NATO chief says Afghan mission future depends on peace talks

NATO Secretary General Jens Stoltenberg. (File/Reuters)
Updated 14 March 2019
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NATO chief says Afghan mission future depends on peace talks

  • US envoy Zalmay Khalilzad said the sides reached “draft agreements”
  • It has been the longest direct talks ever held between the US and the Taliban

BRUSSELS: The future of NATO’s 15-year-long military operation in Afghanistan will depend on the outcome of peace talks involving Taliban insurgents, NATO Secretary-General Jens Stoltenberg said Thursday, after a US envoy reported important progress from the latest round of negotiations.
The longest direct talks ever held between the United States and the Taliban concluded this week. US envoy Zalmay Khalilzad said the sides reached “draft agreements” covering the withdrawal of US troops and guarantees that Afghanistan would not become a haven for terrorists once a settlement is found.
The United States has around 14,000 troops in Afghanistan. Around half of them carry out counter-terror operations while others lead NATO’s military training and mentoring mission.
US President Donald Trump has said that about 7,000 US troops would leave, but it’s unclear which ones would stay. Most of NATO’s European allies depend on US air and logistical support to carry out their mission.
“The future force level of NATO troops is very much dependent of course on the outcome of those talks,” Stoltenberg told reporters at NATO headquarters in Brussels, but he underlined that the negotiations are far from over.
“It’s too early to pre-empt the outcome of the talks,” Stoltenberg said. “There’s still much to be done before a peace deal is in place.”
NATO took charge of the international military effort in Afghanistan in 2003 in its most ambitious operation ever. It launched a military training effort in 2015 once it had phased out overt combat operations, but after a reduction in force strength, troop numbers have gradually climbed again to more than 16,000 personnel.
Despite the presence of US and NATO troops, the conflict remains at a stalemate.
The progress in peace talks appears to offer the United States and its allies a way to end their presence after one of the most expensive wars in US history, costing between 800 billion and one trillion dollars, according to various estimates.
The website icasualties says the conflict has also cost the lives of around 3,400 troops — some 2,300 of them from the US — since 2003.
NATO military officers decline to say whether they have begun planning for a withdrawal.
Whatever the outcome of the peace talks, Stoltenberg said: “We went in together, and we will make future decisions on our posture together.”


Quake shakes NW Japan, causes 21 injuries and minor damage

Updated 15 min 57 sec ago
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Quake shakes NW Japan, causes 21 injuries and minor damage

  • The earthquake struck 50 KM southwest of the city of Sakata, centered at about 14 KM below the sea’s surface
  • Public broadcaster NHK showed people using flattened cardboard boxes as mattresses to sleep on in a school gym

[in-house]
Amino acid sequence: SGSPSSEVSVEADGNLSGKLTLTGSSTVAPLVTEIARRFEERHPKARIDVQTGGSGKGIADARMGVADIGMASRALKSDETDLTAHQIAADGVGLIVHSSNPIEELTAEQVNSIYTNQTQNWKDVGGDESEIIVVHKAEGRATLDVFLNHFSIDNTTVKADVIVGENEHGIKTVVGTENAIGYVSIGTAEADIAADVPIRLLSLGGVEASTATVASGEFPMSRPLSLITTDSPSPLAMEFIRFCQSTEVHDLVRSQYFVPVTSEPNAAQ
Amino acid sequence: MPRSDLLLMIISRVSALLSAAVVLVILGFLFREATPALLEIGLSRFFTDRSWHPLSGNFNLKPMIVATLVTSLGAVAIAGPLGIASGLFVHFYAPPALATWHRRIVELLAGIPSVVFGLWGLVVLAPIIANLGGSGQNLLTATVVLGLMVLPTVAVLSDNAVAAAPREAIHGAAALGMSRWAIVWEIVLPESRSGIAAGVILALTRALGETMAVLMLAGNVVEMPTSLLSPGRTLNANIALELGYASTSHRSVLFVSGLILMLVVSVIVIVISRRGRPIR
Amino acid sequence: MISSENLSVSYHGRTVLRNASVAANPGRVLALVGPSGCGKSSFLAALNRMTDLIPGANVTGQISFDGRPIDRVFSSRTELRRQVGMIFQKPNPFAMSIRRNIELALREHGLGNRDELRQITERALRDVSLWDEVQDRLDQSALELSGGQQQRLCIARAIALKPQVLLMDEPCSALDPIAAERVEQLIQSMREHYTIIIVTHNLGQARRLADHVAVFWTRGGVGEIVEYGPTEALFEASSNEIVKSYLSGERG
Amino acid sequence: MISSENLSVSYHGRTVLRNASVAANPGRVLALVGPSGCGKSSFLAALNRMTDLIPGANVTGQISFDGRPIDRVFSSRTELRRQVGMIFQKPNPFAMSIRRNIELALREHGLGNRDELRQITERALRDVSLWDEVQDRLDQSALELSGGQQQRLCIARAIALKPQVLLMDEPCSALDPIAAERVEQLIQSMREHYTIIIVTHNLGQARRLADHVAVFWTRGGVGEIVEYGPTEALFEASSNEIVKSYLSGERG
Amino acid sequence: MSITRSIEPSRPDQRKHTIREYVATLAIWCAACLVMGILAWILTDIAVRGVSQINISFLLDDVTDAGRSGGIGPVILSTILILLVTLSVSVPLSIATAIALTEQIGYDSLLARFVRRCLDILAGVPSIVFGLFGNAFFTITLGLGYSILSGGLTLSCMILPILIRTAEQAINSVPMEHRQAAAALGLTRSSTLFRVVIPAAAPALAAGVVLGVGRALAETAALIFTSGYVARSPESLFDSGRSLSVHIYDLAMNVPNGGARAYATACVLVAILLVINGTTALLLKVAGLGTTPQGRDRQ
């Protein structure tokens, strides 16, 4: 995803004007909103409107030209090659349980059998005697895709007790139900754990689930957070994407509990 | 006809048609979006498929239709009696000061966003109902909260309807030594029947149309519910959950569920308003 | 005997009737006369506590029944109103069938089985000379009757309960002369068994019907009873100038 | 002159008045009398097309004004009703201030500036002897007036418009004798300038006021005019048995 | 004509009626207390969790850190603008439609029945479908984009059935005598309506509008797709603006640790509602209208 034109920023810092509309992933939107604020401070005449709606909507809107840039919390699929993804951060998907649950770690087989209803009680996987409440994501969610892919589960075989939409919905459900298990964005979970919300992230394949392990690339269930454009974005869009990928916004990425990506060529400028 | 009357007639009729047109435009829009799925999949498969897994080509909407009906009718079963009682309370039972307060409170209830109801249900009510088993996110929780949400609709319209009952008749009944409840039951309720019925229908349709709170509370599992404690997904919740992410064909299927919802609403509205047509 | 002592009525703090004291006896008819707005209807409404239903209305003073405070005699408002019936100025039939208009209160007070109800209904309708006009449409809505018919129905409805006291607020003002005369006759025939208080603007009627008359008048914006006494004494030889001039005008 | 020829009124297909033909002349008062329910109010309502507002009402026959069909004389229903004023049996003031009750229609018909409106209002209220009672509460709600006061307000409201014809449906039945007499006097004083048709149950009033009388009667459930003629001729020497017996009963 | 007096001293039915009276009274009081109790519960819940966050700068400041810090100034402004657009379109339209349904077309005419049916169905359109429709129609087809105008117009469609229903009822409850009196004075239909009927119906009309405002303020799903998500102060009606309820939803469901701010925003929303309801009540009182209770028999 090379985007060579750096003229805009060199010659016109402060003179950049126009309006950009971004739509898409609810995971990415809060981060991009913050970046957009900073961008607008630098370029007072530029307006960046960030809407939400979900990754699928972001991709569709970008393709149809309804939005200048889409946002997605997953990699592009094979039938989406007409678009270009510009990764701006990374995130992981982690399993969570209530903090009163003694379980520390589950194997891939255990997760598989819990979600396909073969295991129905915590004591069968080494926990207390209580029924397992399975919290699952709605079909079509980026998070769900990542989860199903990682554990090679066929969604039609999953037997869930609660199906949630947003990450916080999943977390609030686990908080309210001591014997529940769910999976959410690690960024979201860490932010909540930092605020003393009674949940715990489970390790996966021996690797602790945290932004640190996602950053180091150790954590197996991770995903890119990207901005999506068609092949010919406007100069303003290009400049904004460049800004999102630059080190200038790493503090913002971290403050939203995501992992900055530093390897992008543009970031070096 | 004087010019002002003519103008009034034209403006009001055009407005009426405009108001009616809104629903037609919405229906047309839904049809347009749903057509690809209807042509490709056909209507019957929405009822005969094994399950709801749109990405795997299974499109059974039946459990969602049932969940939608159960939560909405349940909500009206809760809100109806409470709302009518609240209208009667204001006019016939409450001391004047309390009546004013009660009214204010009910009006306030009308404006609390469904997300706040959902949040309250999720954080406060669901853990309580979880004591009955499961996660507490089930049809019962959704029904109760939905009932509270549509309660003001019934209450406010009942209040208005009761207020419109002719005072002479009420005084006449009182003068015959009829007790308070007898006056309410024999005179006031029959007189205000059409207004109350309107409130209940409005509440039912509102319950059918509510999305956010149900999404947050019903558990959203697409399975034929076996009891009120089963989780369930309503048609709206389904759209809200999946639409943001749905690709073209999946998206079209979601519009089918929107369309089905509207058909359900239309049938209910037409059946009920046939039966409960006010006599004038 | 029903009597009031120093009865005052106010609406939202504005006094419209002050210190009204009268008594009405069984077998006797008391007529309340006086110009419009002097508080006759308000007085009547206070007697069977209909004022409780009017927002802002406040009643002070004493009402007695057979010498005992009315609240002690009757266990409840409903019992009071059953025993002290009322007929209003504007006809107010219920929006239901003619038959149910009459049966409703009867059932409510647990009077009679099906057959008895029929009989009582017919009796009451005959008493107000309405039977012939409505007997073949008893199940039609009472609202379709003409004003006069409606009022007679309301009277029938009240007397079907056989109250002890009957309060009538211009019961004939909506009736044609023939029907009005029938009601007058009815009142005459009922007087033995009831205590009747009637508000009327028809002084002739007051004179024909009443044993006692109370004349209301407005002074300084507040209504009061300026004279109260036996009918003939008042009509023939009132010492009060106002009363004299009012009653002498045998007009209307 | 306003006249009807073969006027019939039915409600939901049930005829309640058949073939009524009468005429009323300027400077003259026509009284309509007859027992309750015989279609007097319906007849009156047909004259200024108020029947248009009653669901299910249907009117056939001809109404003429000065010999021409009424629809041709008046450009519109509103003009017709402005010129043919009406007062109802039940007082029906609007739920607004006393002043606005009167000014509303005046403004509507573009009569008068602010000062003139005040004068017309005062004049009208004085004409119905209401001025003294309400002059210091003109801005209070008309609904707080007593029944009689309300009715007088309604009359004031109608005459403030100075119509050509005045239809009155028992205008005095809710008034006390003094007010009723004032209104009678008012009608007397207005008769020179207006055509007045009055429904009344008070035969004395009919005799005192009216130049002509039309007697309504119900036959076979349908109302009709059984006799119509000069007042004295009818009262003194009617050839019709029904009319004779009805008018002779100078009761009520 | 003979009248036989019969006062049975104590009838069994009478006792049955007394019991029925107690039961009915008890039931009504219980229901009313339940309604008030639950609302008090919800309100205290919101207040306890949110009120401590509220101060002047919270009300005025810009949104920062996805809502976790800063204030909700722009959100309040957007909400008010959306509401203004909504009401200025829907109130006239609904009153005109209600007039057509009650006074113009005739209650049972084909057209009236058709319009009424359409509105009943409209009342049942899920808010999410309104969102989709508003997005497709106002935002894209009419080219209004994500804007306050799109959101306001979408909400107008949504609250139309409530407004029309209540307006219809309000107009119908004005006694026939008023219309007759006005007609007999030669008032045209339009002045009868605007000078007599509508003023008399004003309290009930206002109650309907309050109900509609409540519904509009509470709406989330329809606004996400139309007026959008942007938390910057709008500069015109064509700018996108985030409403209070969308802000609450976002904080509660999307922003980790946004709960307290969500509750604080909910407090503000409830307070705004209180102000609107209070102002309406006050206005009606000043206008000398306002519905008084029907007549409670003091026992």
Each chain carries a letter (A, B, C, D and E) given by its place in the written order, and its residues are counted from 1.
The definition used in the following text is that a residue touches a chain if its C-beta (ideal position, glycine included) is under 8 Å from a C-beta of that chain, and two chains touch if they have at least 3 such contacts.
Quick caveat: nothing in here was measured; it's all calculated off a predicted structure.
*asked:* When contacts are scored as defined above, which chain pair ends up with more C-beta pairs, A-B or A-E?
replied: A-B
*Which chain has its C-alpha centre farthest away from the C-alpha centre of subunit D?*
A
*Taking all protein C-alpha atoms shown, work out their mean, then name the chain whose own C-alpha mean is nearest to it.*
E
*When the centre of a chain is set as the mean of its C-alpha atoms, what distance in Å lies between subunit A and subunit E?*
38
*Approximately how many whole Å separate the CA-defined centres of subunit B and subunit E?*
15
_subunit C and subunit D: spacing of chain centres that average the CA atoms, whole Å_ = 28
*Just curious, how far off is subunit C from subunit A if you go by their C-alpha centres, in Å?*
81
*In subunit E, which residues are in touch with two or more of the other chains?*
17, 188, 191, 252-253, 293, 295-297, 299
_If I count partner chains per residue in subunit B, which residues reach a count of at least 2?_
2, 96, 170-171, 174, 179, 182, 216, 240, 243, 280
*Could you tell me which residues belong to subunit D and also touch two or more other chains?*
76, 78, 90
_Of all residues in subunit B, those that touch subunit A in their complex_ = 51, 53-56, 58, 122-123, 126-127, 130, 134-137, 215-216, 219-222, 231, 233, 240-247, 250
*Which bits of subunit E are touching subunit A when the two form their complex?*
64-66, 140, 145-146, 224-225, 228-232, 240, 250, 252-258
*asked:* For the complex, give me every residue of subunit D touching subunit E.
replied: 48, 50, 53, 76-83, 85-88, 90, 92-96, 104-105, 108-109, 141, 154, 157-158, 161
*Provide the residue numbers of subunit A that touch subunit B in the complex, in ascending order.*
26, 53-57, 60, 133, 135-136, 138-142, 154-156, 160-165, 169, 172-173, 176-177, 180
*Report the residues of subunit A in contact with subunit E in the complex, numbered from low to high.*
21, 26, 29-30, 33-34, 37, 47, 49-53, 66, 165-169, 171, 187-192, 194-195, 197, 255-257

TOKYO: A powerful earthquake jolted northwestern Japan late Tuesday, causing minor injuries to 21 people and a brief evacuation of coastal homes until the risk of a tsunami passed.
Store floors were littered with goods that fell off shelves, and roofs of homes showed bare spots where tiles had shaken loose. But business was returning to normal Wednesday morning, with trains mostly running as usual and electricity restored to thousands of homes that lost power temporarily.
There were no reports of serious damage from the magnitude 6.7 quake. Minor sea level changes were detected by several coastal cities, but the tsunami warning was lifted after about 2 ½ hours.
Japan’s Meteorological Agency said the earthquake struck off the western coast of Yamagata about 50 kilometers (30 miles) southwest of the city of Sakata. It was fairly shallow, about 14 kilometers (9 miles) below the sea’s surface. Shallow quakes tend to cause more damage.
The Fire and Disaster Management Agency said 21 people were injured, most of them in Yamagata prefecture and that most injuries had minor injuries.
Chief Cabinet Secretary Yoshihide Suga urged residents to be prepared for possible aftershocks.
Tsuruoka city crisis management official Takehiko Takahashi said in a televised interview that city officials helped coastal residents evacuate to higher ground as a precaution before the tsunami warning was lifted.
More than 1,500 people took shelter at evacuation centers in Murakami city and elsewhere in Niigata prefecture, but many of them left Wednesday morning to check their homes. Public broadcaster NHK showed people using flattened cardboard boxes as mattresses to sleep on in a school gym. Many others, including children, were still awake and sitting against the walls.
Bullet train service was suspended in parts of the region because of power outages and for safety checks, but were functioning normally Wednesday morning. About 9,000 households in Yamagata and Niigata lost power, according to Tohoku Electric Power Co.
All seven reactors at the Kashiwazaki-Kariwa nuclear plant in Niigata were offline and no abnormalities were reported. Two other nuclear power plants in the affected region were also intact, according to the Nuclear Regulation Authority.
NHK showed broken glasses and dishes scattered on the floor of a bar in Tsuruoka which was empty after customers rushed out, leaving behind their half-eaten food on the counter.
Japan is one of the most earthquake- and tsunami-prone areas in the world. On March 11, 2011, a magnitude 9.0 quake offshore caused a tsunami that triggered meltdowns at the Fukushima nuclear power plant. The quake and tsunami heavily damaged coastal neighborhoods and took more than 18,000 lives.